Appeal endorses Heller, Titus and Krolicki
October 19, 2006
2nd Congressional district
Dean Heller is our choice, but it should be known that the vote was not unanimous. Here’s why: There is a concern that he will be status quo in Washington and fall short of representing the independent thought Nevadans are known for. Was it really an accomplishment that George Bush came to Nevada to campaign for Heller, or was it a sign that Heller’s campaign is not doing as well as expected, and that he will be beholden to the Bush agenda if he’s elected? There’s a reason Republicans are having a tough go of it in this election – because many conservatives are questioning the Bush administration’s policies on Iraq and other issues.
Despite those concerns, Heller does have accomplishments to stand on, including steering the Secretary of State’s Office through a period of rapid transition to a new voting system. He made mistakes, but in the end, the job got done. He is also credited with making the state more business- friendly by simplifying the process they use to incorporate in Nevada.
His proposals include making recent tax cuts permanent on the assumption they will boost the economy. Jill Derby does not support that. They also differ on Social Security, with Heller supporting optional privatization and Derby favoring a lock box approach.
Derby is a formidable opponent with lots of energy and a stated goal of working across party lines. Her homespun “right off the ranch” campaign is misleading. She’s polished and sharp. She is critical of Bush administration policies on the war, which she said has isolated the United States.
She lists several accomplishments from her time on the Board of Regents, but in the end, Heller’s accomplishments as secretary of state are hard to ignore. And having a congressman from Carson City would have its advantages, giving residents a direct conduit to Washington.
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We say choose Heller, but hold him accountable for his votes and make sure he’s independent in the true spirit of Nevada.
When you analyze the candidates on the issues, there is surprisingly little difference between their proposals, including the need for better funding of education and their opposition to Yucca Mountain.
Thus it becomes a matter of style and leadership ability.
A clear picture emerges from those who have worked with both candidates:
Dina Titus is a hard-working, hands-on legislator who sweats the details. She listens to people, and knows the state budget process inside and out.
Jim Gibbons is a generalist who lets others take care of the details. He’s a polished politician, but flounders when questions take him far off message.
Gibbons takes no accountability for a campaign featuring negative campaign ads. Rather, he said, he’s disappointed in the negativity, which can partly be interpreted as a reflection on his own integrity.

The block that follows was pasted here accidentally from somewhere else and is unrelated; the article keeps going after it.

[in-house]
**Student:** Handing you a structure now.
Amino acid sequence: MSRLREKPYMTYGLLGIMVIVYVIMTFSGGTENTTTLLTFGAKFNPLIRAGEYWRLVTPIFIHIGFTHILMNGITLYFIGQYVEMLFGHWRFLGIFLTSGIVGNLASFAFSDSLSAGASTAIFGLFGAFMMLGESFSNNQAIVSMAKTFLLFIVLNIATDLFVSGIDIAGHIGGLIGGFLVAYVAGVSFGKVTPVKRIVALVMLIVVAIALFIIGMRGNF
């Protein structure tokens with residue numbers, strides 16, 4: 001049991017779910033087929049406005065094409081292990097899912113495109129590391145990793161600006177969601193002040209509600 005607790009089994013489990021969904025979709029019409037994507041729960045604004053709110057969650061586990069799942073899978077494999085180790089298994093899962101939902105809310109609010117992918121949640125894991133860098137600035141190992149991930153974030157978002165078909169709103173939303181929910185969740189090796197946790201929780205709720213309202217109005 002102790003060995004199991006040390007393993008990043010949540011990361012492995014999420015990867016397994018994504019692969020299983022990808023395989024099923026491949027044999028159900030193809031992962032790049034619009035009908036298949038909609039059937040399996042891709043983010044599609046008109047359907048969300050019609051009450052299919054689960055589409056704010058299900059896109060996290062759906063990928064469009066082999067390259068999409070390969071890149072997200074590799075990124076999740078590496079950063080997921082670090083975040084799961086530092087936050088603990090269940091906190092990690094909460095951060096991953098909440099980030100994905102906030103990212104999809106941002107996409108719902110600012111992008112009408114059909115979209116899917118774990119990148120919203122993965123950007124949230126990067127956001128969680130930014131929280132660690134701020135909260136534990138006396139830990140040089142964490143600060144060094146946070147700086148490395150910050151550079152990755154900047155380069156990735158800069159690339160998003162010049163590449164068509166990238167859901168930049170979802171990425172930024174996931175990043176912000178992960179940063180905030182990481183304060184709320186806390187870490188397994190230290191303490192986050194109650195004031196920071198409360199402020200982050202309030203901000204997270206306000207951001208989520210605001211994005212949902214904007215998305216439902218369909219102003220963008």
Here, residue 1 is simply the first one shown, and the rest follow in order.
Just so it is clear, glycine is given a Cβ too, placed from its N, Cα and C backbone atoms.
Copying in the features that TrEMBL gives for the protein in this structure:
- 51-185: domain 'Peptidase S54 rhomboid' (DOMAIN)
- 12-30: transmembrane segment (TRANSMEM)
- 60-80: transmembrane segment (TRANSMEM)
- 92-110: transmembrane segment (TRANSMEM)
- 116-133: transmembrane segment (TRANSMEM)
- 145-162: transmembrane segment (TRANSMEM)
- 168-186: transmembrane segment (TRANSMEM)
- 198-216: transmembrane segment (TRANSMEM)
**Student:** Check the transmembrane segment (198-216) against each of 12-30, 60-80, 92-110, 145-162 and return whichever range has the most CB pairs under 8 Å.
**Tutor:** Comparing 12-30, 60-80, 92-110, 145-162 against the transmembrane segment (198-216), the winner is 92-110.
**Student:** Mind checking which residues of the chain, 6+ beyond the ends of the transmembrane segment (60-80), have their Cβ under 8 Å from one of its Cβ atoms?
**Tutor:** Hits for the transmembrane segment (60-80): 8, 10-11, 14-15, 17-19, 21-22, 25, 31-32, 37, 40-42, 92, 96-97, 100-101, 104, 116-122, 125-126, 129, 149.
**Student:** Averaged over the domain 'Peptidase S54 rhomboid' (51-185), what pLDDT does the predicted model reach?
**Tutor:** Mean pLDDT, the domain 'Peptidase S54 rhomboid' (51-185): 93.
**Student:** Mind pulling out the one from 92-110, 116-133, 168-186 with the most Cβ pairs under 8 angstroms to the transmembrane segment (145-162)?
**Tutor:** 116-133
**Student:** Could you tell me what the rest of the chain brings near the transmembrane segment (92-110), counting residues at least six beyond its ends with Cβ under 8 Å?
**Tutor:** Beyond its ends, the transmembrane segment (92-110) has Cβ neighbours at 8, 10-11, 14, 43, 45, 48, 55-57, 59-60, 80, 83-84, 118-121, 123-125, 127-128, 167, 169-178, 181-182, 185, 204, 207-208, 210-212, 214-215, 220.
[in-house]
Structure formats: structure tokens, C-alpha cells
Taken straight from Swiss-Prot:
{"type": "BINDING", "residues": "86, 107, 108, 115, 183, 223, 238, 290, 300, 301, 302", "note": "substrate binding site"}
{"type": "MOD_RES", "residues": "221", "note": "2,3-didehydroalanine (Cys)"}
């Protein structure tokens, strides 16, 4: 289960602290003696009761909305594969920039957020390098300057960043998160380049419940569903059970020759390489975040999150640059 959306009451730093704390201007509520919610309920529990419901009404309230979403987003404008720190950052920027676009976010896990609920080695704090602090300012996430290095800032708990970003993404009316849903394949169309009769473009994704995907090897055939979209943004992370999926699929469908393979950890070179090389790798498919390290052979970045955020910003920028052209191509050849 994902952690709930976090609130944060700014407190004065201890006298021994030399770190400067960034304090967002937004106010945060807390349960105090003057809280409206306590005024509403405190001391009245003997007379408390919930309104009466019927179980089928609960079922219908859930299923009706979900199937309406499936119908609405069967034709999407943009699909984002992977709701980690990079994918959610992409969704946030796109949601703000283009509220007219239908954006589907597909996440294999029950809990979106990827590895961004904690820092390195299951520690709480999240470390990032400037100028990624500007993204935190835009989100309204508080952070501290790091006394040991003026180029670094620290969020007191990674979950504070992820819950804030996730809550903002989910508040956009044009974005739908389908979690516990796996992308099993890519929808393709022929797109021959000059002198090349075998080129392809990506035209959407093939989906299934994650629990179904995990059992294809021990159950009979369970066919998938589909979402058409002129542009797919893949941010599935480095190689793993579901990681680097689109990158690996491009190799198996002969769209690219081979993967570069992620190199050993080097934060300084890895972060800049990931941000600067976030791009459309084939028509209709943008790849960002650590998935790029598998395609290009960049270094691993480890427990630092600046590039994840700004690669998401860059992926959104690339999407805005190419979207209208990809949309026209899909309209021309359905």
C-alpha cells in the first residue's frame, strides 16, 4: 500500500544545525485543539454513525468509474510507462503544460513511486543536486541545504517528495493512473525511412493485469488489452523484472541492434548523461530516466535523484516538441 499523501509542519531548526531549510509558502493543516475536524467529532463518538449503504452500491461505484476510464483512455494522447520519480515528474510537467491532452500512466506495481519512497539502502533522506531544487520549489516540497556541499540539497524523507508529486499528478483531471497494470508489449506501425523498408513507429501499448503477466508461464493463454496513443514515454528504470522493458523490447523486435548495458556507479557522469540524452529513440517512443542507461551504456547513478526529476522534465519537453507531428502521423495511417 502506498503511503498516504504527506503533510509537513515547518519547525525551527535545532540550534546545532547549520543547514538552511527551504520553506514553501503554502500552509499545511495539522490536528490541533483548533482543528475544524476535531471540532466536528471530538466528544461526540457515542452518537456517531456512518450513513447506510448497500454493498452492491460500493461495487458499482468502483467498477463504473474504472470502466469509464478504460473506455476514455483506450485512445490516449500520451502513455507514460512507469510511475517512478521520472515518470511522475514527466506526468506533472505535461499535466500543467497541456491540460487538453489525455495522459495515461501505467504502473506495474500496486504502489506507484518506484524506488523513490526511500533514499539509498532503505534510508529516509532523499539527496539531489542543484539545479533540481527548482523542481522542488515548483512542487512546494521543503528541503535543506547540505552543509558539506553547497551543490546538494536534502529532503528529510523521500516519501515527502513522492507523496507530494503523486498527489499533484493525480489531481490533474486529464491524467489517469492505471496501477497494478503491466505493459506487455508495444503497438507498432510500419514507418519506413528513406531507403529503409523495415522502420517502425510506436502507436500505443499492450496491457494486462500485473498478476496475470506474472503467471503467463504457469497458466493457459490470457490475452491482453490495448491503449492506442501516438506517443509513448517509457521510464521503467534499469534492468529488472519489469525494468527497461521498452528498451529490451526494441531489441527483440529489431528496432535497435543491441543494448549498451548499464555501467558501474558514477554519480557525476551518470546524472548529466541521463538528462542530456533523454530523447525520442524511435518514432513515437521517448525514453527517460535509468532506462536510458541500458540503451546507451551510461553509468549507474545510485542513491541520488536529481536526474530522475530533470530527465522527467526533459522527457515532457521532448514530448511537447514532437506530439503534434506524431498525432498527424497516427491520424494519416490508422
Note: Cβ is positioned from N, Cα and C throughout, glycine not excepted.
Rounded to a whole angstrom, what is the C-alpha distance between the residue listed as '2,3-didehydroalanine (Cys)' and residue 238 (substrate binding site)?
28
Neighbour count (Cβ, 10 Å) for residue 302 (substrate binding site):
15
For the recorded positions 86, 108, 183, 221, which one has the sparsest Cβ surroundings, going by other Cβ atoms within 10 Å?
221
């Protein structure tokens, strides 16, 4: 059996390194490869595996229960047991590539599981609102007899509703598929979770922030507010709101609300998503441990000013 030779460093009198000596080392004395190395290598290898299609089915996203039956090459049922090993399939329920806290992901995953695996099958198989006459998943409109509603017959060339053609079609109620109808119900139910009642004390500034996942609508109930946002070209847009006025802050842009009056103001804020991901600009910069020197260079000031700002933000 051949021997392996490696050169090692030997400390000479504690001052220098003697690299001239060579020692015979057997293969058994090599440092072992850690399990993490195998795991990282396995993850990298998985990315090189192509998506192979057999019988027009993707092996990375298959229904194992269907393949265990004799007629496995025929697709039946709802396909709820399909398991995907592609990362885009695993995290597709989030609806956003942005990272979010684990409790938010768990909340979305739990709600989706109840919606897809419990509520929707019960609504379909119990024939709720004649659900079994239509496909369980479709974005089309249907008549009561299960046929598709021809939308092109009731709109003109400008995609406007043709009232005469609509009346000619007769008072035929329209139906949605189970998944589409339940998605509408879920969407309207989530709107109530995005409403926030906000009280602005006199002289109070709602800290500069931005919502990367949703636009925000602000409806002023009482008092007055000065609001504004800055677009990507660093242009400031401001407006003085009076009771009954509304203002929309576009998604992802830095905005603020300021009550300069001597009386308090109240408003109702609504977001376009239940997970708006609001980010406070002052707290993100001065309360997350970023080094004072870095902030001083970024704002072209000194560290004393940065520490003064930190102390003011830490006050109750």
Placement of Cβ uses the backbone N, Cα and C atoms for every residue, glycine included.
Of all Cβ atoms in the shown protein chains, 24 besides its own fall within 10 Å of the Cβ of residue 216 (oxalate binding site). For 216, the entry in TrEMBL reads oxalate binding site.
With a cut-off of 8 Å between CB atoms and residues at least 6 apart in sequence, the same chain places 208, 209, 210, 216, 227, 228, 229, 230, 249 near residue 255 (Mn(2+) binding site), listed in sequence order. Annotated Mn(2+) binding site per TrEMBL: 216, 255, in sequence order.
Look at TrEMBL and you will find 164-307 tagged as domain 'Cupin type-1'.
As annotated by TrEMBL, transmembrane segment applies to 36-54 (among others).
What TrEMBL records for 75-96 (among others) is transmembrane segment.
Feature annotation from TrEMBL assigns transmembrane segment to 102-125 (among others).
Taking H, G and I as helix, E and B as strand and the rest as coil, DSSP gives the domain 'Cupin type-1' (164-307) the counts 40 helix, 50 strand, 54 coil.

Titus is not innocent of negativity in her campaign. She explains her negative ads as having to fight back.
It will be important for the state’s new governor to have the ability to build consensus and work across party lines. There’s little evidence Gibbons has those traits, and his accomplishments in Washington haven’t been a major part of his campaign.
Thus, the best vote for Nevada’s future is Dina Titus.
Brian Krolicki is the choice, based on his accomplishments as state treasurer. He’s universally respected for his work developing the Millennium Scholarship (in fact, had all his recommendations been followed, there may not be concerns today about the solvency of the scholarship fund) and the College Tuition Plan.
Those accomplishments will doubtlessly serve him well as lieutenant governor, with its responsibilities of promoting economic development and tourism. He’s laid out several ideas to accomplish that.
His opponent, Bob Unger, a Las Vegas developer, is also well-qualified to fill the economic development role. He’s a proven planner and deal maker, but his unfamiliarity with Northern Nevada makes him a poor choice for voters in this region.
Secretary of state
These candidates are probably best known for their famous fathers.
We have concerns about both.
With Ross Miller, it’s inexperience – he’s only 30 and has no experience managing such an office – and with Danny Tarkanian, it’s a past that includes a sanction for practicing law without a license.
Both have brought out solid proposals. For example, Tarkanian wants to toughen the campaign finance disclosure laws; Miller talks about toughening the ballot initiative process so groups cannot get misleading questions in front of voters.
It comes down to an ability to make solid, ethical decisions. In that respect, Miller gets the nod.
Mark DeStefano questions Kate Marshall’s lack of hands-on money management skills in private enterprise. She raises questions about his past business practices, which includes a bankruptcy filing.
But Marshall does have plenty of experience in business and in fighting fraud. Her campaign isn’t flashy, and her proposals bring no promises of significant increases in the return on state dollars.
DeStefano proposes programs he says will bring greater return on the state’s money through investment vehicles he claims carry no risk.
The bottom line is the person in charge of the state’s coffers needs to have an unblemished financial record. Marshall qualifies. DeStefano does not.